By: Manen Lyset & J.J. Cheesman
My Brook, the sweetest little girl any mother could ask for, was born on the eleventh of February. I was eighteen when she was conceived, her father was a man I’d met at a party while I was attending college. He was someone I’d never seen before, and haven’t seen since. I couldn’t even tell you his name. It was a drunken night of un-protected euphoria that gave me my first and only child, and for that very reason, after she was born, I suffered severe post-partum depression. Every one of my friends told me to get an abortion in the beginning, but the more I thought about the life inside me, the more convinced I was that I just couldn’t do it.
My mother was a big help though. She let me move back home and offered no complaint what-so-ever about my pitiful state while she did most of the work with Brook. I think the truth was that she was just glad to have a full home again. Dad passed away from a heart attack two years before I moved out, and I think she’d been very lonely. I slept on the couch in the living room for the most part, while Brook slept in a crib in my old room. College was put on hold because I didn’t think there was much point in going to school if I was going to be too exhausted from taking care of a baby. For two months that couch was pretty much my nest, and I hardly ever moved, even when I heard Brook through the baby monitor on the night stand next to me. I would just wait for mom to go check on her.
It wasn’t until one day in April that I finally broke out of my crippling and lethargic state of mind. I was lying on my side in the living room, while the TV played its scheduled commercial advertising. There was a sudden rustling sound that came through the baby monitor, heralding Brook’s awakening from her nap. For a moment, I lay unmoving, expecting to hear commotion from mom’s room when she heard Brook through her own monitor. That’s not something I’m proud of either, but it is the truth.
I’m not sure how to properly explain my state of mind during that time in my life. It was a sickness of the head, and I was too deep into my own pool of self-pity to seek help for it. There was an ever-present sinking feeling of regret for not having an abortion, and then subsequent guilt for allowing myself to have that thought. Mom never even once suggested that I should go to therapy or express that I was a burden to her in any way. I think she always believed that I would just one day snap out of it. As it turned out, she was right.
That day, I laid there, listening to Brook coo in her crib and waiting to hear Mom leave her room, something changed in me. I remember thinking, what in the hell are you doing, your daughter needs you. From that simple thought, I drew strength. As I stood from the couch and made my way down the hall into Brook’s room, I knew everything was going to be fine. I wasn’t a bad person just because I’d needed Mom’s help with my baby. School didn’t have to be an unattainable dream just because I got pregnant, single mothers do it all the time.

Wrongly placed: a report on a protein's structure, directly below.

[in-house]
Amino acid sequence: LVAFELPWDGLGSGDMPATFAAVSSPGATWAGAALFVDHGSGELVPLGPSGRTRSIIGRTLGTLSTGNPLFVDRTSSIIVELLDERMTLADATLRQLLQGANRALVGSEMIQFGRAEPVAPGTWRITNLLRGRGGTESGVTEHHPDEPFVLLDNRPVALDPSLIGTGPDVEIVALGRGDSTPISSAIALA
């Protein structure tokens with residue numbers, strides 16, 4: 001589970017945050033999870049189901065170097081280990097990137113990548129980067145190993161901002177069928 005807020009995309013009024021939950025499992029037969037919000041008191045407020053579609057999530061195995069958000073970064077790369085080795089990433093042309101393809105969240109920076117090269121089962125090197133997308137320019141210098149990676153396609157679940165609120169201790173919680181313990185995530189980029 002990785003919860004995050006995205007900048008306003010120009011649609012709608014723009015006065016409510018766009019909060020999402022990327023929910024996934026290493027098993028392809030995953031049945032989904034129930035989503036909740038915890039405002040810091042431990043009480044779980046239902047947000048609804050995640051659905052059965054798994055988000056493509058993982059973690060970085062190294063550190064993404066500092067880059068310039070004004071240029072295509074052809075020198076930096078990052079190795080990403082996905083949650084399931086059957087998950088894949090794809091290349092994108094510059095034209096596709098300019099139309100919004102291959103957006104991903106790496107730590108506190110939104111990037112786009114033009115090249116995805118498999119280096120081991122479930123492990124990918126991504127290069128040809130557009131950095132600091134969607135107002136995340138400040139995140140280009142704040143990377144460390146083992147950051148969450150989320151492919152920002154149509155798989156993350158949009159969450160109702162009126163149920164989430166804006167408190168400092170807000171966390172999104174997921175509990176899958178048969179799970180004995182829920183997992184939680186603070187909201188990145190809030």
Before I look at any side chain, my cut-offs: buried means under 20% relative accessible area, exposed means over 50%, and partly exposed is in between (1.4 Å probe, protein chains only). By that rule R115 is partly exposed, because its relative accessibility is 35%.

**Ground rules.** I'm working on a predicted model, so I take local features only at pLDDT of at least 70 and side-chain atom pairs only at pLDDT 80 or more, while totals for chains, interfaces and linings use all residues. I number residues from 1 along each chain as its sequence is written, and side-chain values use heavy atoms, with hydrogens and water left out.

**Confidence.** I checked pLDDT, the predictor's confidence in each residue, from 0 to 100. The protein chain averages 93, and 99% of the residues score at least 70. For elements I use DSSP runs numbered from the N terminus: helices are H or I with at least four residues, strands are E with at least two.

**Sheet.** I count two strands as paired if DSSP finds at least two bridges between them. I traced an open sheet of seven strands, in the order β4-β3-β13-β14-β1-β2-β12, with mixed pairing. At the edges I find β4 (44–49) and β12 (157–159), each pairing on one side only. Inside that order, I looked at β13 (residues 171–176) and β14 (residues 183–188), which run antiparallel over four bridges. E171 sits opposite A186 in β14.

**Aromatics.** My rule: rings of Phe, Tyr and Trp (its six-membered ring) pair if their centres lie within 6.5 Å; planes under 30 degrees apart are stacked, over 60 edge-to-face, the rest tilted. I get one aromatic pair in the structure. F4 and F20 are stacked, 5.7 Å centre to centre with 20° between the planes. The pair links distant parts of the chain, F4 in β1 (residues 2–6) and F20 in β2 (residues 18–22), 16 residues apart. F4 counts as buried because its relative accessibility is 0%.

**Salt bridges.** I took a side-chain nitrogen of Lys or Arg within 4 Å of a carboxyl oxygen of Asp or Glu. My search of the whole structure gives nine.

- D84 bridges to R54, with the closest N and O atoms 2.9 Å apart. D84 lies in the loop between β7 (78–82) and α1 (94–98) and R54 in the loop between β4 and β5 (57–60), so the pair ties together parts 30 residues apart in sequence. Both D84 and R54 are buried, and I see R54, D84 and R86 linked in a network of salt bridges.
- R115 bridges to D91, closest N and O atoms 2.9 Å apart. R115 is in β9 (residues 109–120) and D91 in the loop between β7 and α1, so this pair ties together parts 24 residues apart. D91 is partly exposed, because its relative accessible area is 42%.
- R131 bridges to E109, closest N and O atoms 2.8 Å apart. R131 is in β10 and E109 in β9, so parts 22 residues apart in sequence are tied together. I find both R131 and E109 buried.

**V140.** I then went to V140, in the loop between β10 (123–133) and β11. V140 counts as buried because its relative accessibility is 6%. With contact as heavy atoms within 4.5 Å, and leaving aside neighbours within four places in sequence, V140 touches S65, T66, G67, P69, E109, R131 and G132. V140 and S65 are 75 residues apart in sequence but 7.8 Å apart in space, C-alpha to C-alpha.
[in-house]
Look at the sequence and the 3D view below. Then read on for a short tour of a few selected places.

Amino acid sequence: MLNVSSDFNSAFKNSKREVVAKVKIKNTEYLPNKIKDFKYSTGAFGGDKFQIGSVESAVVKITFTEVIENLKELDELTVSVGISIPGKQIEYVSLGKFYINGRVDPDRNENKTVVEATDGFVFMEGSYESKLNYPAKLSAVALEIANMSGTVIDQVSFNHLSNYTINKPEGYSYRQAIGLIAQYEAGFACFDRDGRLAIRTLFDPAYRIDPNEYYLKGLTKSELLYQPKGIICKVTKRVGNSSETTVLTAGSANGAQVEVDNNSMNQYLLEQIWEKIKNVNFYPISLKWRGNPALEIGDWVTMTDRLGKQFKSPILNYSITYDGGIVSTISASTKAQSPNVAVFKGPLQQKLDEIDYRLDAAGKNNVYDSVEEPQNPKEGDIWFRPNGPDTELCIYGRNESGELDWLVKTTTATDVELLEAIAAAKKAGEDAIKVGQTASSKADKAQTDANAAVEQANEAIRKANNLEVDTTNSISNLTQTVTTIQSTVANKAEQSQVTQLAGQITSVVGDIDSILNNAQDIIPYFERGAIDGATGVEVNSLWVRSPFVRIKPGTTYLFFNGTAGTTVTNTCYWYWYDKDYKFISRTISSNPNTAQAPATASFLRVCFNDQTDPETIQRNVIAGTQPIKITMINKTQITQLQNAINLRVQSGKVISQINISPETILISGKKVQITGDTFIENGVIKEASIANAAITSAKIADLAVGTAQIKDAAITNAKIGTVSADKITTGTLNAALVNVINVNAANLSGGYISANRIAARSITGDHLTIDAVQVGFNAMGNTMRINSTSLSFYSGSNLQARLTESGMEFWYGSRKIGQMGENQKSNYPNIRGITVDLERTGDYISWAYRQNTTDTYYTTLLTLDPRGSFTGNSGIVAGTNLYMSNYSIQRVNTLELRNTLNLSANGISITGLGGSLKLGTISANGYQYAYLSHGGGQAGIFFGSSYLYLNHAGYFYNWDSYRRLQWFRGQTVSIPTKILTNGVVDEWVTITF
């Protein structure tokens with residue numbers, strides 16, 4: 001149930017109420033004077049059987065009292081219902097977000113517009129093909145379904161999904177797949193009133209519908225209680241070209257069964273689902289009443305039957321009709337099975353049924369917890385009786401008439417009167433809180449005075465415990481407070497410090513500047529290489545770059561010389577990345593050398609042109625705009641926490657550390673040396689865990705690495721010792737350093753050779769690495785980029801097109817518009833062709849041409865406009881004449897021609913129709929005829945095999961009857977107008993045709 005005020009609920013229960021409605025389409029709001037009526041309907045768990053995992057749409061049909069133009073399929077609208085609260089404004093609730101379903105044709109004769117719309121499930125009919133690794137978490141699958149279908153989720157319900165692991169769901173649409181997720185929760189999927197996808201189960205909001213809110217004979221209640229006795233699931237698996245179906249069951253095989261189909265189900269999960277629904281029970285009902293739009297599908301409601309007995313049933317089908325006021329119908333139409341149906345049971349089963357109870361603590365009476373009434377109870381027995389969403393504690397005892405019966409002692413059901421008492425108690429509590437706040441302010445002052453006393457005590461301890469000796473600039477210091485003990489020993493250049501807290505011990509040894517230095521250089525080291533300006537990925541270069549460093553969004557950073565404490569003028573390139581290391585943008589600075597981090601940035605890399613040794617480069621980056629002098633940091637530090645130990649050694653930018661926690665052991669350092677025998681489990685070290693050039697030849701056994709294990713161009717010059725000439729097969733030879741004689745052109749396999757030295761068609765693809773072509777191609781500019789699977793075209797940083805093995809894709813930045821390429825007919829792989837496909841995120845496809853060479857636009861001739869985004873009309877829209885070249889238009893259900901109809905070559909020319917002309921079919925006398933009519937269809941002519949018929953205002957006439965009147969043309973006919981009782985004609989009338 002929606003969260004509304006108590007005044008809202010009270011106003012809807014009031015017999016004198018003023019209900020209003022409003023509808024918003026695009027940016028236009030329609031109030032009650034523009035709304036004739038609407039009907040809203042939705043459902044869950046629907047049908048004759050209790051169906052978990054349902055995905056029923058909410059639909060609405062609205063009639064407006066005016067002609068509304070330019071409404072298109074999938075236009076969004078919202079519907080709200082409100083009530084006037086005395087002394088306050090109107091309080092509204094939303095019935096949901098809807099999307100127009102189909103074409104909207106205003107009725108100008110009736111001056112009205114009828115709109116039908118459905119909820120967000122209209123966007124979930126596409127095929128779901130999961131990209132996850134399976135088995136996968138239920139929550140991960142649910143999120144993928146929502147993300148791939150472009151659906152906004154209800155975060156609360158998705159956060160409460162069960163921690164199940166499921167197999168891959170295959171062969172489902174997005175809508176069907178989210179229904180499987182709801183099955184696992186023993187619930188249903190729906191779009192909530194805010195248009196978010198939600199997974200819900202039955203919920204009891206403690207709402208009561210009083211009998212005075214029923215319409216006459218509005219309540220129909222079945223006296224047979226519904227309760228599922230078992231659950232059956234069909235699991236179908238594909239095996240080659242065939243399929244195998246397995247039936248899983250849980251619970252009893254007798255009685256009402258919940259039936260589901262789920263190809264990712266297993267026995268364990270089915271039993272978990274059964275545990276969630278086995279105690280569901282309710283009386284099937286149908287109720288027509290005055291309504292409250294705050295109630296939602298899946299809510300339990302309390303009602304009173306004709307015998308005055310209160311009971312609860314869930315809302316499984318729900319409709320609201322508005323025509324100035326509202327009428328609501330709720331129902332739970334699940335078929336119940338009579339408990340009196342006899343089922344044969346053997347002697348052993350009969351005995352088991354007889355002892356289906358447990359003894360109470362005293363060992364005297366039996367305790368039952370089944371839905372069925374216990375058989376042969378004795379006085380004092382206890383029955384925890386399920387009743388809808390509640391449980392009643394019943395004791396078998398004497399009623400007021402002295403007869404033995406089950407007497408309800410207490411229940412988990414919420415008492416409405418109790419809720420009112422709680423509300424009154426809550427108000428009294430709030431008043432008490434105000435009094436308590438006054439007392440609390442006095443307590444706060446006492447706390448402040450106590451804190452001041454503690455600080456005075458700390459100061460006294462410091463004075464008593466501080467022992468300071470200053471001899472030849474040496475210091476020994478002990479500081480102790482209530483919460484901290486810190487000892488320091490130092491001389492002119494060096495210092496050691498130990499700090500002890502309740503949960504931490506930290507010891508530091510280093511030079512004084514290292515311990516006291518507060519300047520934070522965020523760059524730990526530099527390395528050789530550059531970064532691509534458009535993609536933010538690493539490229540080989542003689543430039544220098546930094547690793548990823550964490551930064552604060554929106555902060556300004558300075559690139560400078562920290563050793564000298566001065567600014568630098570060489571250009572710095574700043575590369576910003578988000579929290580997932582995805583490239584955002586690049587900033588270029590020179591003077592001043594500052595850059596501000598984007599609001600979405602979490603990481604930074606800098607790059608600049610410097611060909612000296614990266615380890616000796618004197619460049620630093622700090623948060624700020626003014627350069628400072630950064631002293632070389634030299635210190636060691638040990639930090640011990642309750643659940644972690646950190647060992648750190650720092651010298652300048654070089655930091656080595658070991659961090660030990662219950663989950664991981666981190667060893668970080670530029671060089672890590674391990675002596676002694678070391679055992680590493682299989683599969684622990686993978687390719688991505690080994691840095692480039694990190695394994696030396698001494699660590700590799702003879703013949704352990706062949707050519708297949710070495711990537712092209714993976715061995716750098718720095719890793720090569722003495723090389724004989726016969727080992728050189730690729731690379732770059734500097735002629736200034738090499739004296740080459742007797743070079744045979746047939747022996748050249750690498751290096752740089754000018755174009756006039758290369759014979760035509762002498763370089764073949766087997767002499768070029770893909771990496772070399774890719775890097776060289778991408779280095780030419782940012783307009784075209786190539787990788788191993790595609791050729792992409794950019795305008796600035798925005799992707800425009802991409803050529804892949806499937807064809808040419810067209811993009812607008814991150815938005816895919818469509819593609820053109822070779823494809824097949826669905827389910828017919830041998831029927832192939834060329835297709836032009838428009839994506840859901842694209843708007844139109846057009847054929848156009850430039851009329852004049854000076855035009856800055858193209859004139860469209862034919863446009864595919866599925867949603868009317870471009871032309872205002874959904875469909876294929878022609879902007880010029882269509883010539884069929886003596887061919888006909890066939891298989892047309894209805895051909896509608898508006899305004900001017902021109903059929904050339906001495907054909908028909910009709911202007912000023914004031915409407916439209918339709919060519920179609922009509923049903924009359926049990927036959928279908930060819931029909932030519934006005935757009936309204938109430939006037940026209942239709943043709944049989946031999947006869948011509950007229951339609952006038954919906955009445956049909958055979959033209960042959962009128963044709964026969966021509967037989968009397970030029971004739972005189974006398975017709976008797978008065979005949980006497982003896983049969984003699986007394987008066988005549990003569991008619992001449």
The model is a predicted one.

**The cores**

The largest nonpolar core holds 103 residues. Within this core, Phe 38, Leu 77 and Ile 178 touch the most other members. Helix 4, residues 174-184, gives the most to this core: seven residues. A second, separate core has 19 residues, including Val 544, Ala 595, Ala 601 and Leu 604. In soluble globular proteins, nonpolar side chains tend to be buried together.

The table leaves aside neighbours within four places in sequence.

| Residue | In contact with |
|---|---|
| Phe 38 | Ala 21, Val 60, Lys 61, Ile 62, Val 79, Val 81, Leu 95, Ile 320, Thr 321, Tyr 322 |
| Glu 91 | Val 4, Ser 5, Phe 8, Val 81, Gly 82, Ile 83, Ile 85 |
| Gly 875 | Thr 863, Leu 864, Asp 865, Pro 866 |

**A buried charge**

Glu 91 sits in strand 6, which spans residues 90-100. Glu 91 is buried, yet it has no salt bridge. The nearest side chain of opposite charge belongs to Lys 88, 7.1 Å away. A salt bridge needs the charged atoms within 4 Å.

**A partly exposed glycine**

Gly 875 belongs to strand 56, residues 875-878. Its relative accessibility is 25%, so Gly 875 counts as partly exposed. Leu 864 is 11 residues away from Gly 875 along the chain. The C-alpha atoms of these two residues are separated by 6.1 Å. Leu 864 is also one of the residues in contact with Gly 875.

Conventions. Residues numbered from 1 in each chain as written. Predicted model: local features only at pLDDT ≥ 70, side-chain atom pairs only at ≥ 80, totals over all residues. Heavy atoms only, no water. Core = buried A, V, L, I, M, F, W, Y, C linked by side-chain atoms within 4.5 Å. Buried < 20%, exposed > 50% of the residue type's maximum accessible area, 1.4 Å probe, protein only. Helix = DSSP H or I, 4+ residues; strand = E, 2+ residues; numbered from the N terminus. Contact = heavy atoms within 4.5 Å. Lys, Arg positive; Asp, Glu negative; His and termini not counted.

I entered Brook’s room, walked over to her crib, and looked down at her. The table top fountain on the dresser next to the crib burbled as I smiled down at my daughter. She had her feet up, grabbing at the loose ends of her footie pajamas, but she stopped when she saw me. There was a long moment of silence as we stared at each other. Brook stared up at me with unblinking eyes and an open mouth, as if she was sizing me up. It’s absurd, but it was as if she was wondering herself if I had finally broken free from my depressing spell. Finally, she smiled up at me and giggled. I laughed too, and picked her up, swaying her back and forth as if we were dancing. That’s when I knew, everything would be fine.
From then on things changed for the better, and I felt like my normal self again. I got back to school and completed my bachelors in Chemistry. Mom let us live with her until I found a job and was able to build up enough savings to move out on my own. Brook grew up so fast, and before I knew it, eight years came and went. She was the sweetest little girl a mother could ever ask for, I never once had to discipline her for any reason. Though I did have to be careful to keep an eye on her. Exploration was her favorite hobby, she was always so curious, her blue eyes always so full of wonder. So, I had to make sure I was always watchful, and I was. I was always so careful, but then, there was that day on the lake.
It was a sweltering hot summer day, and I thought it’d be a great idea to go to the lake. I asked Brook if she wanted to go, and she was ecstatic. So I loaded up the car, and we were on our way. I put floaties on her arms, made sure her tiny life jacket was secure and tight before I sat down on a towel on the shore and sent her on her way.
“Don’t go far from me, you stay where I can see you. Don’t wade far out into the water either,” I told her sternly.
“I won’t momma,” She said impatiently.